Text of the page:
How To Whitelist Hosts/IP Addresses In Postfix

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Submitted by falko (Contact Author) (Forums) on Tue, 2008-06-10 11:07. :: Postfix

How To Whitelist Hosts/IP Addresses In Postfix

Version 1.0
Author: Falko Timme <ft [at] falkotimme [dot] com>
Last edited 06/06/2008

If you are administrating a mail server and use blacklists to block spam (like in this article: How To Block Spam Before It Enters The Server (Postfix)), you probably know this problem: from time to time your customers complain that they cannot receive emails from certain freemailers. Most often this happens because a freemailer was abused to send out spam and therefore got blacklisted. This short guide shows how you can whitelist such a mail server in Postfix to make your customers happy again.

I do not issue any guarantee that this will work for you!

If a blacklisted server tries to send mail to your server, you should find something like this in your mail log:

SMTP error from remote mail server after RCPT TO:<bla@example.com>: host mail.example.com [4.3.2.1]: 554 5.7.1 Service unavailable; Client host [1.2.3.4] blocked using dnsbl.sorbs.net; Currently Sending Spam See: http://www.sorbs.net/lookup.shtml?1.2.3.4

In this example, the mail server 1.2.3.4 is blacklisted and therefore blocked.

To whitelist that server, create the file /etc/postfix/rbl_override where you list all IP addresses or host names (one per line!) that you want to whitelist:

vi /etc/postfix/rbl_override

1.2.3.4 OK
1.2.3.5 OK
mail.freemailer.tld OK

After you've created/modified that file, you must run

postmap /etc/postfix/rbl_override

Next open /etc/postfix/main.cf and search for the smtpd_recipient_restrictions parameter. Add check_client_access hash:/etc/postfix/rbl_override to that parameter, after reject_unauth_destination, but before the first blacklist.

So if smtpd_recipient_restrictions looks like this now...

vi /etc/postfix/main.cf

[...]
smtpd_recipient_restrictions = reject_invalid_hostname,
                               reject_unauth_pipelining,
                               permit_mynetworks,
                               permit_sasl_authenticated,
                               reject_unauth_destination,
                               reject_rbl_client multi.uribl.com,
                               reject_rbl_client dsn.rfc-ignorant.org,
                               reject_rbl_client dul.dnsbl.sorbs.net,
                               reject_rbl_client list.dsbl.org,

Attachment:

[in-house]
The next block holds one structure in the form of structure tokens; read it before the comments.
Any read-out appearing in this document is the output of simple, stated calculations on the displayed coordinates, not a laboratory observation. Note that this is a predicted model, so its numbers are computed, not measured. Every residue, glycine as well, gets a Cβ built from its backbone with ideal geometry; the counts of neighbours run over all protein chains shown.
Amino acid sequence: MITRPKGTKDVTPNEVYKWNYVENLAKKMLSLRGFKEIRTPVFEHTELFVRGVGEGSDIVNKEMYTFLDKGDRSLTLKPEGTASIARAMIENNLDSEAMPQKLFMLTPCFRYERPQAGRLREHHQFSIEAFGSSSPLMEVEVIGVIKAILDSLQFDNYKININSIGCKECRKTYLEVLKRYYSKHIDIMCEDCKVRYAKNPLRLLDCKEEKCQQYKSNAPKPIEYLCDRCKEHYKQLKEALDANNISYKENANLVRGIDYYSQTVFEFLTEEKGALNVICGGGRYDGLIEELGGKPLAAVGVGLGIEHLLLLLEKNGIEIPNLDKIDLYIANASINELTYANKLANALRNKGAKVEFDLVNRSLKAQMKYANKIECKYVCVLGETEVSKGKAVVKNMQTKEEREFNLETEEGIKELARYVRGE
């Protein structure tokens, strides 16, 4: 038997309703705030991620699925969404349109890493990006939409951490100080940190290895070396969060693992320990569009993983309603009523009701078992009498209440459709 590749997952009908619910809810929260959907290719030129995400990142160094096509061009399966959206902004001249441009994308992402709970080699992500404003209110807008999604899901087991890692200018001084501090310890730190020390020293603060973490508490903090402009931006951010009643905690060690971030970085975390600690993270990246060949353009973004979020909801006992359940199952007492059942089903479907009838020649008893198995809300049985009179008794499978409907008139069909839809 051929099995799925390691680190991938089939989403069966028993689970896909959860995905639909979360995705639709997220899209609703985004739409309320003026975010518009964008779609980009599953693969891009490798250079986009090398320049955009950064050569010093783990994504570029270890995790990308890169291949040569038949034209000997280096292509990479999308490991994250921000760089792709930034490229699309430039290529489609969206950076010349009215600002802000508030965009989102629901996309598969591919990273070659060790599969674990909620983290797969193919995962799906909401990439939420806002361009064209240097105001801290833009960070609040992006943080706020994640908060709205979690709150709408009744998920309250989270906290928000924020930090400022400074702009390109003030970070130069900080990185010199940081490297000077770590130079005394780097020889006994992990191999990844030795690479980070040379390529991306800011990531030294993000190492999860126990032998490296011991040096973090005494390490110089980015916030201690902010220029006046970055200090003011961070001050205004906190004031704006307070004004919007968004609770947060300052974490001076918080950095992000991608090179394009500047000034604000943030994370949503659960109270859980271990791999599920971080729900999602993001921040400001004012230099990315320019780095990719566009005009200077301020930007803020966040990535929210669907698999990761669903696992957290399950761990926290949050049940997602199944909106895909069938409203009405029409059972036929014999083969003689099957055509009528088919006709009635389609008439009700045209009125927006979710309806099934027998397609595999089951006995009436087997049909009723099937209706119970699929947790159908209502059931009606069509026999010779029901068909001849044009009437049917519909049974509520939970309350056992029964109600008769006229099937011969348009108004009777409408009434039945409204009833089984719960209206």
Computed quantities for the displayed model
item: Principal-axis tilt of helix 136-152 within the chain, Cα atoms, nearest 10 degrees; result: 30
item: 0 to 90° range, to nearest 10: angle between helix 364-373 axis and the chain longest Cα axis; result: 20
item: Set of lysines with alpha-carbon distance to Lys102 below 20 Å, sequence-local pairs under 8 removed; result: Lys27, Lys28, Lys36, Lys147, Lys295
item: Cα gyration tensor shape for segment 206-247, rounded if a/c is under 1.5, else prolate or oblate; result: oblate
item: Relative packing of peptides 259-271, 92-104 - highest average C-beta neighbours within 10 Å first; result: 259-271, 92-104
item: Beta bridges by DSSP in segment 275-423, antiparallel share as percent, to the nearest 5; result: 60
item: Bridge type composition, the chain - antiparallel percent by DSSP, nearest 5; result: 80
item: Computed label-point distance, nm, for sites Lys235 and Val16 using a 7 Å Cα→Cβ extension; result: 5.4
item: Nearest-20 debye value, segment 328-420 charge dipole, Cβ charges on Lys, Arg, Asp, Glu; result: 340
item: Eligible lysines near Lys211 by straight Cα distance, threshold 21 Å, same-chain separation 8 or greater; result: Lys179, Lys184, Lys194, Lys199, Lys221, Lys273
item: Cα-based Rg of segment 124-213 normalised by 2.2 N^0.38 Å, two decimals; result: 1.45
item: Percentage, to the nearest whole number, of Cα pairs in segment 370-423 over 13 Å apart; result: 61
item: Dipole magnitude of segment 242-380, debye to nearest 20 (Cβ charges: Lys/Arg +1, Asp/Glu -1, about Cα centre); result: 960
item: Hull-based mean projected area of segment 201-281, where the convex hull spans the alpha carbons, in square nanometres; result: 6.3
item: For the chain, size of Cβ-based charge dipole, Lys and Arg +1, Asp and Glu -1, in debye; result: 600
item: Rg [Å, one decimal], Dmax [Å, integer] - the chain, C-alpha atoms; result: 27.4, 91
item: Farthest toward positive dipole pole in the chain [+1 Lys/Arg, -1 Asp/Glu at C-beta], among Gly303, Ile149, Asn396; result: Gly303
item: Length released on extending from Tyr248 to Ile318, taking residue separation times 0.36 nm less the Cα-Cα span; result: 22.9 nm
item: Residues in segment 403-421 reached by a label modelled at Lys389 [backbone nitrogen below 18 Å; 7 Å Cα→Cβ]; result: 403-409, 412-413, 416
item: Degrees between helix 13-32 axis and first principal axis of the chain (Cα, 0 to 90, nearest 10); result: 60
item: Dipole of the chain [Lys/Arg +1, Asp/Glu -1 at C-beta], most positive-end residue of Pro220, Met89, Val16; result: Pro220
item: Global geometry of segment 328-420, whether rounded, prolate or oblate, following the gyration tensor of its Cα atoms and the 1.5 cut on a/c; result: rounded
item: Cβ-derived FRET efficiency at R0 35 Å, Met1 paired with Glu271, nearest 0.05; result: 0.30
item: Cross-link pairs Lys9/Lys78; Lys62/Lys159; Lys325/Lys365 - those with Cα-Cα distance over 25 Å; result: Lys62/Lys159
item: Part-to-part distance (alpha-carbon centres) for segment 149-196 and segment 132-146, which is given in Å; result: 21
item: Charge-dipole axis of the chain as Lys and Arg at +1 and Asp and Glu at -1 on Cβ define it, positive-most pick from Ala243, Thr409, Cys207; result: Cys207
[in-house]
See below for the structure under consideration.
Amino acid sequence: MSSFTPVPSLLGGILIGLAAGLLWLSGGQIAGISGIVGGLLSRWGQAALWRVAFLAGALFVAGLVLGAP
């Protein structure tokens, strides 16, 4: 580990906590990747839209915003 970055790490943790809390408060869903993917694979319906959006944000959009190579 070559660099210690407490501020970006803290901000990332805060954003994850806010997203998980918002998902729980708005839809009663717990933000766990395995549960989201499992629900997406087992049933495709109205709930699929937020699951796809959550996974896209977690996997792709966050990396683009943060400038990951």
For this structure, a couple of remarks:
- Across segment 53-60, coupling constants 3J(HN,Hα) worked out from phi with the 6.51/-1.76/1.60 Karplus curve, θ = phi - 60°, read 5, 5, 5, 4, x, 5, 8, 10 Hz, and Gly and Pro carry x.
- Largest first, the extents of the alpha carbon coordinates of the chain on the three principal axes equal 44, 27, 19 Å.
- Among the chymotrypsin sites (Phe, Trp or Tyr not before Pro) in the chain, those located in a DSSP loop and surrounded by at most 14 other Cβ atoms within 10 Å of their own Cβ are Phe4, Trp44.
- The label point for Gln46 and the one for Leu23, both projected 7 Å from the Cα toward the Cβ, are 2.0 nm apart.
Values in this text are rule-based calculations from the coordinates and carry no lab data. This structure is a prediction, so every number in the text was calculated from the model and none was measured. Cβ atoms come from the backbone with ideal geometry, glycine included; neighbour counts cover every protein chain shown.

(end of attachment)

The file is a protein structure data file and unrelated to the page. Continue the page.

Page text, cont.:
reject_rbl_client sbl-xbl.spamhaus.org,
                               reject_rbl_client bl.spamcop.net,
                               reject_rbl_client dnsbl.sorbs.net,
                               reject_rbl_client cbl.abuseat.org,
                               reject_rbl_client ix.dnsbl.manitu.net,
                               reject_rbl_client combined.rbl.msrbl.net,
                               reject_rbl_client rabl.nuclearelephant.com,
                               permit
[...]

... modify it so that it looks as follows:

[...]
smtpd_recipient_restrictions = reject_invalid_hostname,
                               reject_unauth_pipelining,
                               permit_mynetworks,
                               permit_sasl_authenticated,
                               reject_unauth_destination,
                               check_client_access hash:/etc/postfix/rbl_override,
                               reject_rbl_client multi.uribl.com,
                               reject_rbl_client dsn.rfc-ignorant.org,
                               reject_rbl_client dul.dnsbl.sorbs.net,
                               reject_rbl_client list.dsbl.org,
                               reject_rbl_client sbl-xbl.spamhaus.org,
                               reject_rbl_client bl.spamcop.net,
                               reject_rbl_client dnsbl.sorbs.net,
                               reject_rbl_client cbl.abuseat.org,
                               reject_rbl_client ix.dnsbl.manitu.net,
                               reject_rbl_client combined.rbl.msrbl.net,
                               reject_rbl_client rabl.nuclearelephant.com,
                               permit
[...]

That's it! Restart Postfix, and you're done:

/etc/init.d/postfix restart

 

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Submitted by Axel (not registered) on Fri, 2010-03-19 08:16.

Just thought I should mention that you can whitelist an entire subnet with:
111.222.33 OK

This does not work:
111.222.33.0/24 OK
111.222.33.* OK

regards
axel

Submitted by AlArenal (registered user) on Tue, 2008-06-10 14:44.

Sometimes you need to do manual whitelisting for mail users whose customers' admins don't respond to your complaints about their server settings.

Another option to consider ist automatic whitelisting by using the hand-crafted DNSWL ( http://www.dnswl.org/ ). You should also consider requesting to get added to DNSWL.

I use a simple shell script named dnswl-update.sh as a cron job to sync the data (see documentation for use of X-REPLACEME substitution):

#!/bin/sh
rsync --times rsync1.dnswl.org::dnswl/postfix-* /mypath/
cat /mypath/postfix-dnswl-header | sed "s/X-REPLACEME/X-MYSTRING/" > /etc/postfix/dnswl-header
cp /mypath/postfix-dnswl-permit /etc/postfix/dnswl-permit

In /etc/postfix/main.cf I added these two lines as first check_* commands within the smtpd_recipient_restrictions :

smtpd_recipient_restrictions =
[ ... ]
check_client_access cidr:/etc/postfix/dnswl-header,
check_client_access cidr:/etc/postfix/dnswl-permit,
[ ... ]

After that  you restart Postfix.

/etc/init.d/postfix restart

 My cron entry looks something like this and there is no need to restart or reload Postfix afterwards:

7 5,18 * * * /path-to-script/dnswl-update.sh &> /dev/null